Technology & Science moves into Canadian search market launched Tuesday in Canada, describing itself as an "intelligent business phonebook" on the internet. launched Tuesday in Canada, describing itself as an "intelligent business phonebook" on the internet.

The siteoffers a localized search engine in English and French that consumers can use to track down more than 1.3 million Canadian brick-and-mortar businesses, ranging from nearby dentists or contractors to car dealers or golf courses.

The website asks what you're searching for and where. It then displays a list of businesses matching the search term, along with contact information and driving directions.

"We know once people start using, they will see how easy it is to find the local business or services they are looking for," says Jake Baillie, president of TrueLocal based in Guelph, Ont.

The company, a spinoff from incubator Geosign Corp., gathers and sells information about businesses in Canada and the U.S. The company launched in the United States in November 2005, and the new site is the Canadian expansion of the company's operations. Based on its U.S. operation and data sales, the company is already profitable, Baillie says.

Searches by keyword

He adds that while search giants like Google and Yahoo, and sites like, have been the big players up to now in the market for services that link web searchers and advertisers, TrueLocal has a different approach that he believes gives it an edge—searches by keyword instead of category.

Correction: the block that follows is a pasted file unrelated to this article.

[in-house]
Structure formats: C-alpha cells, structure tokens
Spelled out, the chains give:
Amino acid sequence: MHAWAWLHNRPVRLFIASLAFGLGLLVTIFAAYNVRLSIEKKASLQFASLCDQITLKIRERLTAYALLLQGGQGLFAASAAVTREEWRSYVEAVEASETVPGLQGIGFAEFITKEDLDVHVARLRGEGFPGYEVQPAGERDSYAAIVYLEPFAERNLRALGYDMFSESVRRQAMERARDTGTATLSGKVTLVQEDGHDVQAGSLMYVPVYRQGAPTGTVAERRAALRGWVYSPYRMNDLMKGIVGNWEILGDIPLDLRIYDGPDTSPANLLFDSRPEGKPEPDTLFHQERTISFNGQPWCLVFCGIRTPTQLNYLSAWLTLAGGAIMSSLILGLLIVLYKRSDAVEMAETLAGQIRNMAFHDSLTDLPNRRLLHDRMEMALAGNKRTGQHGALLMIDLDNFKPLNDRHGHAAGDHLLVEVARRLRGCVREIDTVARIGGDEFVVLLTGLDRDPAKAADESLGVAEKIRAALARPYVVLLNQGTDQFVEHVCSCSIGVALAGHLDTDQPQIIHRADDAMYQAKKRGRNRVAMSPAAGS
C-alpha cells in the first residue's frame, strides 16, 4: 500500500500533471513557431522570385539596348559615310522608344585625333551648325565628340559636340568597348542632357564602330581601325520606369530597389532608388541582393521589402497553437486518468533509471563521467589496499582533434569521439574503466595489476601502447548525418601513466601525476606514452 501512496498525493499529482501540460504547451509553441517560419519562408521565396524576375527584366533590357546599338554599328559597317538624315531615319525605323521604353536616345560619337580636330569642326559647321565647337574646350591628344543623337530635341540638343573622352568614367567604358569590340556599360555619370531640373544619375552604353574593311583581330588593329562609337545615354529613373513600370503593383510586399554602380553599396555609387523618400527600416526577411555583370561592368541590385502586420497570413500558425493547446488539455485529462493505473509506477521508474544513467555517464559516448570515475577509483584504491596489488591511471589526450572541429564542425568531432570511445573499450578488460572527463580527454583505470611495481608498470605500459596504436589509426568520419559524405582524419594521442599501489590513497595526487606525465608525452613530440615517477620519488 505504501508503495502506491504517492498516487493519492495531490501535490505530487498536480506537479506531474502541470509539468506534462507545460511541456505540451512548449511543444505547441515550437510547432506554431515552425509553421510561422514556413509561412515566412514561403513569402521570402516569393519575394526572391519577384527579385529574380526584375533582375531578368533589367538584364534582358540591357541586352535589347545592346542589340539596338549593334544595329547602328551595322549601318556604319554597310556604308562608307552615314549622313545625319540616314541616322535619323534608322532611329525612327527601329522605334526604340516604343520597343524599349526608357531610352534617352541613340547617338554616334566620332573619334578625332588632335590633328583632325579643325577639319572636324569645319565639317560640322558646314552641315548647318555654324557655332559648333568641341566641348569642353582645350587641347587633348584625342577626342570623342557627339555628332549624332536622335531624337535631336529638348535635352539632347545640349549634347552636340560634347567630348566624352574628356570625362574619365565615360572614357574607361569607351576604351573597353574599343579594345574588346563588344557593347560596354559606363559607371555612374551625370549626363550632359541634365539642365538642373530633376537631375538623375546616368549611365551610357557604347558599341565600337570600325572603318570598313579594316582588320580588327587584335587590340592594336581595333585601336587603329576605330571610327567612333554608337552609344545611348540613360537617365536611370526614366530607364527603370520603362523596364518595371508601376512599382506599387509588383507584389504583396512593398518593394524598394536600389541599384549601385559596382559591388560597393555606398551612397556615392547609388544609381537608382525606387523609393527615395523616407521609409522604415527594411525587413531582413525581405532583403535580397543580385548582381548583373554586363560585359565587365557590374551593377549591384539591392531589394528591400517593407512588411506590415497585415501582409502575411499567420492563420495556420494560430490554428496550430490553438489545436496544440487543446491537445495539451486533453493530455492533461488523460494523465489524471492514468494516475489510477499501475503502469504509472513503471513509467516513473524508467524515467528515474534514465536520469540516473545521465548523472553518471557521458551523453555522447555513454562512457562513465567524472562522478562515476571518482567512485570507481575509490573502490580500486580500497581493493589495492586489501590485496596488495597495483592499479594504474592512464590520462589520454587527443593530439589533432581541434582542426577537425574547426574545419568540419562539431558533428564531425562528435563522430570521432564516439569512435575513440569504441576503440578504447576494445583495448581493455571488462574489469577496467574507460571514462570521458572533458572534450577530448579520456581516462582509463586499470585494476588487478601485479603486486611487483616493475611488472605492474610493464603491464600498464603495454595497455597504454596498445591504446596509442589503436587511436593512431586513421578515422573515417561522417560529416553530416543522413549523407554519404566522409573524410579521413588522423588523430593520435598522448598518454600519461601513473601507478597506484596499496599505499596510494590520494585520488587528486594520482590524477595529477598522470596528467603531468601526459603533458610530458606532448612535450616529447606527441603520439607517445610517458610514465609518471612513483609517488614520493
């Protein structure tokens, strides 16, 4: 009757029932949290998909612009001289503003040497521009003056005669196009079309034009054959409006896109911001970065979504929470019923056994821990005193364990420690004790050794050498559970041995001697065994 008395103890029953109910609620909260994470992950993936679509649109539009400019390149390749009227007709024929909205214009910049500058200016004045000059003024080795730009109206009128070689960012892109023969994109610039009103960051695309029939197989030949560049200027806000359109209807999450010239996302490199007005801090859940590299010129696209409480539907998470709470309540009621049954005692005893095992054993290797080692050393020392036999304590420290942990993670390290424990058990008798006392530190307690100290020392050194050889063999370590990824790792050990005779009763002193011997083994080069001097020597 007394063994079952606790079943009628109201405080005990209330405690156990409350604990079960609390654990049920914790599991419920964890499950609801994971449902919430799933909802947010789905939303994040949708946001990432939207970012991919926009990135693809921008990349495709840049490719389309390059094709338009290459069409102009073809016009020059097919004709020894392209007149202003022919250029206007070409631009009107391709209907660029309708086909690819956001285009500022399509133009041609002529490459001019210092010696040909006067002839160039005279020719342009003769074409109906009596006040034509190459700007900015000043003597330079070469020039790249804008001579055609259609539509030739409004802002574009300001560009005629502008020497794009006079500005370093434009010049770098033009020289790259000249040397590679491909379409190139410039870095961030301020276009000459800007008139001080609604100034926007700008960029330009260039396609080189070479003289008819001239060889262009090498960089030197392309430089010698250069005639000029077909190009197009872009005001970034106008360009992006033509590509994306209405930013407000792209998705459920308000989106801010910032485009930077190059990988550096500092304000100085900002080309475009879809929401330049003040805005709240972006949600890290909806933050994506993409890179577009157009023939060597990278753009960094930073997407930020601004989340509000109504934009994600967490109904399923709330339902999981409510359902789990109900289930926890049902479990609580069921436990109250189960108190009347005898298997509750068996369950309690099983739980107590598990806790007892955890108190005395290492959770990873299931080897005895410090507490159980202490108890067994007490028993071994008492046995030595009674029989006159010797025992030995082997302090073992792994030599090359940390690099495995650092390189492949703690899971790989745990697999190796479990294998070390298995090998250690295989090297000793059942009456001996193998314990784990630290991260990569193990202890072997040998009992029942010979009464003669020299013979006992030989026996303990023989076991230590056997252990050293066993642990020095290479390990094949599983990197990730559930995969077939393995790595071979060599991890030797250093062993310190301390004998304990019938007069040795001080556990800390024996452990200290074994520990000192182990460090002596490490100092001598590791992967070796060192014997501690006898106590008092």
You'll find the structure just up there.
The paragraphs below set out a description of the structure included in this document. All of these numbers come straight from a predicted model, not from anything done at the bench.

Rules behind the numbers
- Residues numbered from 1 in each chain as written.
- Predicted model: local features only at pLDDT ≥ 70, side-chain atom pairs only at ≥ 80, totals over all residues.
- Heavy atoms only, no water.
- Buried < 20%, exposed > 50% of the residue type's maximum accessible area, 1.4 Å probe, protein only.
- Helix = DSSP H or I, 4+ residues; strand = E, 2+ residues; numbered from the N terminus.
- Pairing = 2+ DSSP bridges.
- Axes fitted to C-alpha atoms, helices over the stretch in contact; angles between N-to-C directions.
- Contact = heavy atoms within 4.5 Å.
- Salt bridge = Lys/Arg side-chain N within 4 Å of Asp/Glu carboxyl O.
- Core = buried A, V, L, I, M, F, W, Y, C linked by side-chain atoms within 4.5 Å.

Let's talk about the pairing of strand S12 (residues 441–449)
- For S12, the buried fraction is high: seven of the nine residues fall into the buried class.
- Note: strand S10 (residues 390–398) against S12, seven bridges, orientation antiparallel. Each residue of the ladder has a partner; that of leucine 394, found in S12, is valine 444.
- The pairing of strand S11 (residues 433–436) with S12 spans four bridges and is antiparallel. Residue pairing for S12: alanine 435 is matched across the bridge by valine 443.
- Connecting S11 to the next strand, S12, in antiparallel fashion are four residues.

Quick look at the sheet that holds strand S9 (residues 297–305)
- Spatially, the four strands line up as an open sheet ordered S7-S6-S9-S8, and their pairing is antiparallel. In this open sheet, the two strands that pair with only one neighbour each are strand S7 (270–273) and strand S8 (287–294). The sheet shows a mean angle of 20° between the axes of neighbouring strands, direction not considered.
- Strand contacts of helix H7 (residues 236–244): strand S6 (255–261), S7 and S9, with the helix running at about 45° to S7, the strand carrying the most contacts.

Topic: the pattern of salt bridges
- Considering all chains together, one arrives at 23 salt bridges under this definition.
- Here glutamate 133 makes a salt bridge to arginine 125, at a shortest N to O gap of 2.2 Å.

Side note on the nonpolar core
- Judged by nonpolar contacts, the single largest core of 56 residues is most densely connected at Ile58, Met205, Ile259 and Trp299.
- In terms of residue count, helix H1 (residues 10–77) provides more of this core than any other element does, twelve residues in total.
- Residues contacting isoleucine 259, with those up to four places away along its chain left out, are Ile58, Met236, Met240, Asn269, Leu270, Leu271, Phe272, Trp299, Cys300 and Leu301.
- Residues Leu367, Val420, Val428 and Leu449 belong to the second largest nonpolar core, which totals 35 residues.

In other words, besides searching by type of business, people can also search for vendors selling specific types of products or brands. That means they can search for a specific model number and get a list of nearby businesses that sell it.

"Finding a place selling pizza is easy using the other search engines, but finding a business that carries a specific model of Blackberry isn't," Baillie says. "We index sites based on keywords rather than categories."

TrueLocal generates the results by combining its database of business contact information with information gathered by crawling the websites of each of those businesses. The company catalogues all the products and services listed on the site, linking them to a person's keywords when they search for a product or service in a specific area of the country.

"Our philosophy is that rich data is the king when it comes to searches," Baillie says. "Right now we offer things like the name, address and phone number of a business, but moving forward we plan to incorporate more data attributes."

"So, for example, a search for a plumber in your area would eventually give you the times they operate or whether they are bonded, and a search for a restaurant might pull information from their POS [point of sale] system telling what the average wait time is for a table on a Friday night."

The service is free for individuals doing searches. The company's revenue comes from listing fees and advertising links on the site.